Tuesday, November 29, 2011

My first Thanksgiving as an in-law

I’m not sure how many people come from the polar opposite family environment as their spouse, but it sure seems like a lot of us.  My family is at least 65 strong, counting only two generations (aunts/uncles and cousins).  My husband’s family is 3 strong.  People usually ask how in the world my husband survives my side’s events, but honestly he seems to love it.  The noise, activity, competitiveness, lack of attention on one person for too long, and more noise has somehow suited him from day one.  My mom is one of 11 kids who made me 30 first cousins who made their own babies.  My dad is one of four kids who made me 19 first cousins who made a lot of their own babies.  Also, my dad and his siblings grew up in a machine shop and their mother went deaf young so shouting is talking to them.  Again, it’s a lot of noise. 

My husband, mother-in-law and sister-in-law actually speak loudly and passionately most of the time, but the difference is you can actually hear and understand and respond to everything they’re expressing.  It’s exhausting.  Haha!  Who knew three people could be more tiring to mingle with than 50?!  This thanksgiving, after a lifetime of practicing how to stay lightly involved in multiple conversations at once and rallying into as many games as are played in one holiday day lest I might miss something, I experienced down time and the choice to either sit up, eat and watch TV or lie down and sleep.  The strangest part is that I felt slightly uneasy most of the weekend.  Certainly having traveled out of state and sleeping in the living room meant I was out of my comfort space but I didn’t expect to feel claustrophobic.  I really felt watched and I am absolutely positive it was my imagination.  At one of my family’s holiday parties you might have 10+ eyes on you at any given moment and the max there would have been 6!  So clearly, I was feeling overly sensitive and out of touch.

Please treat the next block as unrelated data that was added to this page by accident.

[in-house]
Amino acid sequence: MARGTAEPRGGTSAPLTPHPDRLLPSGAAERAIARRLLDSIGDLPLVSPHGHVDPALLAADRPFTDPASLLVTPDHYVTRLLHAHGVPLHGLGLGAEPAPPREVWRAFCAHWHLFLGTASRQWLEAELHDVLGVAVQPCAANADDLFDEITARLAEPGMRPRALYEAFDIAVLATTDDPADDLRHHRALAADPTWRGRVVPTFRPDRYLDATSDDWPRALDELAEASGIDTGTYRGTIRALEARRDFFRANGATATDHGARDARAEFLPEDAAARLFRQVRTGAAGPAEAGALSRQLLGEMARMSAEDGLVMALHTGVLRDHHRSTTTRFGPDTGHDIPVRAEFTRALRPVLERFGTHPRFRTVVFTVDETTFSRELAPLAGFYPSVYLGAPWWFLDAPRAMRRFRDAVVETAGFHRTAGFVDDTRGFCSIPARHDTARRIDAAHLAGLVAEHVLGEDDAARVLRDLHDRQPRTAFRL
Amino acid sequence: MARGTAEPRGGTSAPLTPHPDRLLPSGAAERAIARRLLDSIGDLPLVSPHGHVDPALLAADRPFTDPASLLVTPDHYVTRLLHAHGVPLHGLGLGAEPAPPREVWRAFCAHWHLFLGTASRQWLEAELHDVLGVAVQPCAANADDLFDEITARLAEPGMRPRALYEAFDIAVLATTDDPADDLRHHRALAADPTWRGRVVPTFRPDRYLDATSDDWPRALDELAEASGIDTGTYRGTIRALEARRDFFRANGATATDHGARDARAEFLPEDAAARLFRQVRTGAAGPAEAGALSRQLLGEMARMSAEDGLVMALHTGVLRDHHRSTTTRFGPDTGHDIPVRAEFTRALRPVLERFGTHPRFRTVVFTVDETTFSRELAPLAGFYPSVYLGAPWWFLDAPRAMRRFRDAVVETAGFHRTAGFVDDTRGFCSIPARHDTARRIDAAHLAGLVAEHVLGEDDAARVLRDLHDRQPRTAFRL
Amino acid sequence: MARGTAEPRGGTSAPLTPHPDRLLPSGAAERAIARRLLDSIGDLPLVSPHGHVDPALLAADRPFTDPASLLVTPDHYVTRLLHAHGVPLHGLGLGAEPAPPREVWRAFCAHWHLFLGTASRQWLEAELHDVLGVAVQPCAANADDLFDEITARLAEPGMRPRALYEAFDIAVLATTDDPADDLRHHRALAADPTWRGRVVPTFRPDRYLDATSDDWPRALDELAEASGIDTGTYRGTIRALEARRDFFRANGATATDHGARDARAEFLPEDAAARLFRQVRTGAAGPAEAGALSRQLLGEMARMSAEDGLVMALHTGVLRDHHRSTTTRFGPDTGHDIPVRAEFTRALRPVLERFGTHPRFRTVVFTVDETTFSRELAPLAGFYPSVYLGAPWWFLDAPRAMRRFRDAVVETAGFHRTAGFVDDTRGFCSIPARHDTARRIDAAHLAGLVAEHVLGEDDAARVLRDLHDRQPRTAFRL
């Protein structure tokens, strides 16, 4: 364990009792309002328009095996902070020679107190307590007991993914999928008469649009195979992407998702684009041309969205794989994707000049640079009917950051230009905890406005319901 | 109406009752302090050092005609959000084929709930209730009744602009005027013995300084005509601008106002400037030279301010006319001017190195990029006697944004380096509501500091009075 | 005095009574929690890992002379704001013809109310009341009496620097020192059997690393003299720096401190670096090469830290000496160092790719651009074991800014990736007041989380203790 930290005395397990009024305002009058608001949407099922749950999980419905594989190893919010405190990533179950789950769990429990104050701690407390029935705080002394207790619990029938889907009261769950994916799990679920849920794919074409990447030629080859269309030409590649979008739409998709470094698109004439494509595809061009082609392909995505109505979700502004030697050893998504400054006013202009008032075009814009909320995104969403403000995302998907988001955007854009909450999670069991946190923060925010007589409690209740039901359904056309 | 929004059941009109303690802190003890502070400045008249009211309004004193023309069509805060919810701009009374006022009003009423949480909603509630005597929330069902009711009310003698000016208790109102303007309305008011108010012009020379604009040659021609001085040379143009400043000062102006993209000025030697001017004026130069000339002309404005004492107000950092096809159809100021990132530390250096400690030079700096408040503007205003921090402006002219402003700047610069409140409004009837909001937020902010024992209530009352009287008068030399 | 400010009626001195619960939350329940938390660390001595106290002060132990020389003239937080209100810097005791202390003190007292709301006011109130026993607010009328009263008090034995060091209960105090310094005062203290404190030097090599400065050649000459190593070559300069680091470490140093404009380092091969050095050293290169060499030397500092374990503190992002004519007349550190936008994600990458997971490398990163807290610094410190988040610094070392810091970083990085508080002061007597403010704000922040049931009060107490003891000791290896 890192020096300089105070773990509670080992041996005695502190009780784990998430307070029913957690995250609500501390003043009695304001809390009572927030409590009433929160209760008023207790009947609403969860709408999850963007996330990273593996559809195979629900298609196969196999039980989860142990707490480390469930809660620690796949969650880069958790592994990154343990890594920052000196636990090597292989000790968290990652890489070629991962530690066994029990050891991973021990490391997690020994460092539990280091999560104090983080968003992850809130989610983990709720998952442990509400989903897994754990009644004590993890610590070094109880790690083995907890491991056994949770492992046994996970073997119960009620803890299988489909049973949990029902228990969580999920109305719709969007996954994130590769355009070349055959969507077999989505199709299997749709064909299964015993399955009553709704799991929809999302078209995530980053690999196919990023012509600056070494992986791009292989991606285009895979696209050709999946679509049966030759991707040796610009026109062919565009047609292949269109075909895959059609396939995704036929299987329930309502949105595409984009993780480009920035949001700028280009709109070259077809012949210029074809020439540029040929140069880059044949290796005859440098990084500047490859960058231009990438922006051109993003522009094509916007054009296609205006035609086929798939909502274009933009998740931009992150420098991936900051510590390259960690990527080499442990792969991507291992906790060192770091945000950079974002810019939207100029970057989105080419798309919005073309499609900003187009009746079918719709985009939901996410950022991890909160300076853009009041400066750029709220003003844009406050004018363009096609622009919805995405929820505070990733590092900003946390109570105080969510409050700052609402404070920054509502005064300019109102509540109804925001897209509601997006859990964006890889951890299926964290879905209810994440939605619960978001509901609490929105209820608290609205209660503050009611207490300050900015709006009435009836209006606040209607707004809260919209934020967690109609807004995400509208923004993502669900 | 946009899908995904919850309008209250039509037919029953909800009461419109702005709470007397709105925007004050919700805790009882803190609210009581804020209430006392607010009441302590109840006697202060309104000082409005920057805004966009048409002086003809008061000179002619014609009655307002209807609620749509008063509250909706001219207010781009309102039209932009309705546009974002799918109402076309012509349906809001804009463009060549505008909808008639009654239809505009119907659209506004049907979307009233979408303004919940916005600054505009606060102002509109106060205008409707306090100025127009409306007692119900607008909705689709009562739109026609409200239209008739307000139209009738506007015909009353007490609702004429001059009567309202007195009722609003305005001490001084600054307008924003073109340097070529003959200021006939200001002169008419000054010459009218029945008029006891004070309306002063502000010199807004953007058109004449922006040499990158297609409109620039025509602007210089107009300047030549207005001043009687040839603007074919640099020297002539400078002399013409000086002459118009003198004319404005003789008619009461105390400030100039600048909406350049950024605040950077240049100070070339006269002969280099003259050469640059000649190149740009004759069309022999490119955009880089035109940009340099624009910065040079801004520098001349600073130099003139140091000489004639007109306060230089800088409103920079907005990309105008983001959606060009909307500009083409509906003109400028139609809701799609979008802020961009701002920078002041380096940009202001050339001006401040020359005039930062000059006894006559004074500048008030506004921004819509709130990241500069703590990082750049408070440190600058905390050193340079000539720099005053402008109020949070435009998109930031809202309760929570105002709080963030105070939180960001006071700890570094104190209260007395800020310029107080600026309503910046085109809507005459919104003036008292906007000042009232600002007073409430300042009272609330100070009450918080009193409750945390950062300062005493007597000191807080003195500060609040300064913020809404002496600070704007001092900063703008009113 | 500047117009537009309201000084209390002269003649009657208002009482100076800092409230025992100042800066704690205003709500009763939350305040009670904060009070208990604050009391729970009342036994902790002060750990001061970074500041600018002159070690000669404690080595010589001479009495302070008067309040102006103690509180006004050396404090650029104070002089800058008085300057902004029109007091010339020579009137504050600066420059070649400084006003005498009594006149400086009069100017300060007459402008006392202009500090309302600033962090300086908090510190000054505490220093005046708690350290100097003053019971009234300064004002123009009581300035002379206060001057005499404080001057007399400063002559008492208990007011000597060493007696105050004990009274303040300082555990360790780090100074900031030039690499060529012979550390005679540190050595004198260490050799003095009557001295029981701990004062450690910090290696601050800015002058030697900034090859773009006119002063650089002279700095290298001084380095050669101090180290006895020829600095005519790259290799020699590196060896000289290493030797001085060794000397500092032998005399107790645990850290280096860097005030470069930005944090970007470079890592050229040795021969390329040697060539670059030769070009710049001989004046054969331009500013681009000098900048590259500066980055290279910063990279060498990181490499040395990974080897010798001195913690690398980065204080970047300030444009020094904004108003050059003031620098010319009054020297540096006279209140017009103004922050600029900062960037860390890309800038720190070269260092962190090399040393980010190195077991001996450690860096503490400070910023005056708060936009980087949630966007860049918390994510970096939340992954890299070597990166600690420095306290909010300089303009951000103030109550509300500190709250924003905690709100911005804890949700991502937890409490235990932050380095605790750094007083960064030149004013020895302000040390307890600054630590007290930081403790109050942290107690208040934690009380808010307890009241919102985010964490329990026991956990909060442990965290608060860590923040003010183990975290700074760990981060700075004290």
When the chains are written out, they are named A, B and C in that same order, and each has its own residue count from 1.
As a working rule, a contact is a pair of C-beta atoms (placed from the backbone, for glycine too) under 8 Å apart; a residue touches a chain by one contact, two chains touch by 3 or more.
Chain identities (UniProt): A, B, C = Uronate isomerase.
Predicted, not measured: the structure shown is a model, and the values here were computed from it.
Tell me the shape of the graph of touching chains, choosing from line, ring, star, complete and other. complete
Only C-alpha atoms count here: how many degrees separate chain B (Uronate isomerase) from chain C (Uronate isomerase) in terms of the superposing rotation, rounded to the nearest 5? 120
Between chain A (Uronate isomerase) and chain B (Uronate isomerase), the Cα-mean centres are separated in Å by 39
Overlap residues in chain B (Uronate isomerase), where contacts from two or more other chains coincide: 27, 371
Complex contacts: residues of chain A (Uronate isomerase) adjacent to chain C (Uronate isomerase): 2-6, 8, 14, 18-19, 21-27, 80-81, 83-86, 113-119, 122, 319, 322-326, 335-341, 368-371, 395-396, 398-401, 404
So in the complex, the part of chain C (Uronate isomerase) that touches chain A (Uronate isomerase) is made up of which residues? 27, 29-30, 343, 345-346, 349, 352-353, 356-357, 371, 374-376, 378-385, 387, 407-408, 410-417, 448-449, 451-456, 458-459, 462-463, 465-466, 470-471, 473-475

I have been taught (no, I did not know this) that change is hard no matter whether it’s good change or bad change.  The thing is that the trip was overall pretty wonderful.  While I missed my family a lot over the holiday, I made sure I called them to hear their celebration and played a lot of memories through my mind with a smile.  At Thanksgiving dinner, I was able to give thanks with a love-filled heart and experience my new family in a new way.  I got to see more clearly than ever that my husband is the man in his family and both his sister and mother look up to him with complete love, pride and confidence.  It’s an unbelievable thing to watch and a blessing to be a part of.  I realized too how seldom I recognize the strength of his family in our lives.  They are as vital a part of our marriage and its success as my family.  So the score is tied: 3 to 50.


  1. My family is the same.... It's just Tyler's parents and us. They are still learning to deal with the fact that I am upfront and honest about most everythng (because I don't like to keep things bottled up) and I am learning when and where to bite my tounge and be thankful for what they give to us.

  2. Thank you for relating. I really hope it gets even easier as the years go on. It's a big learning curve I guess. :) Of course if I concentrate on how much love is behind it all, it makes it much simpler and easier.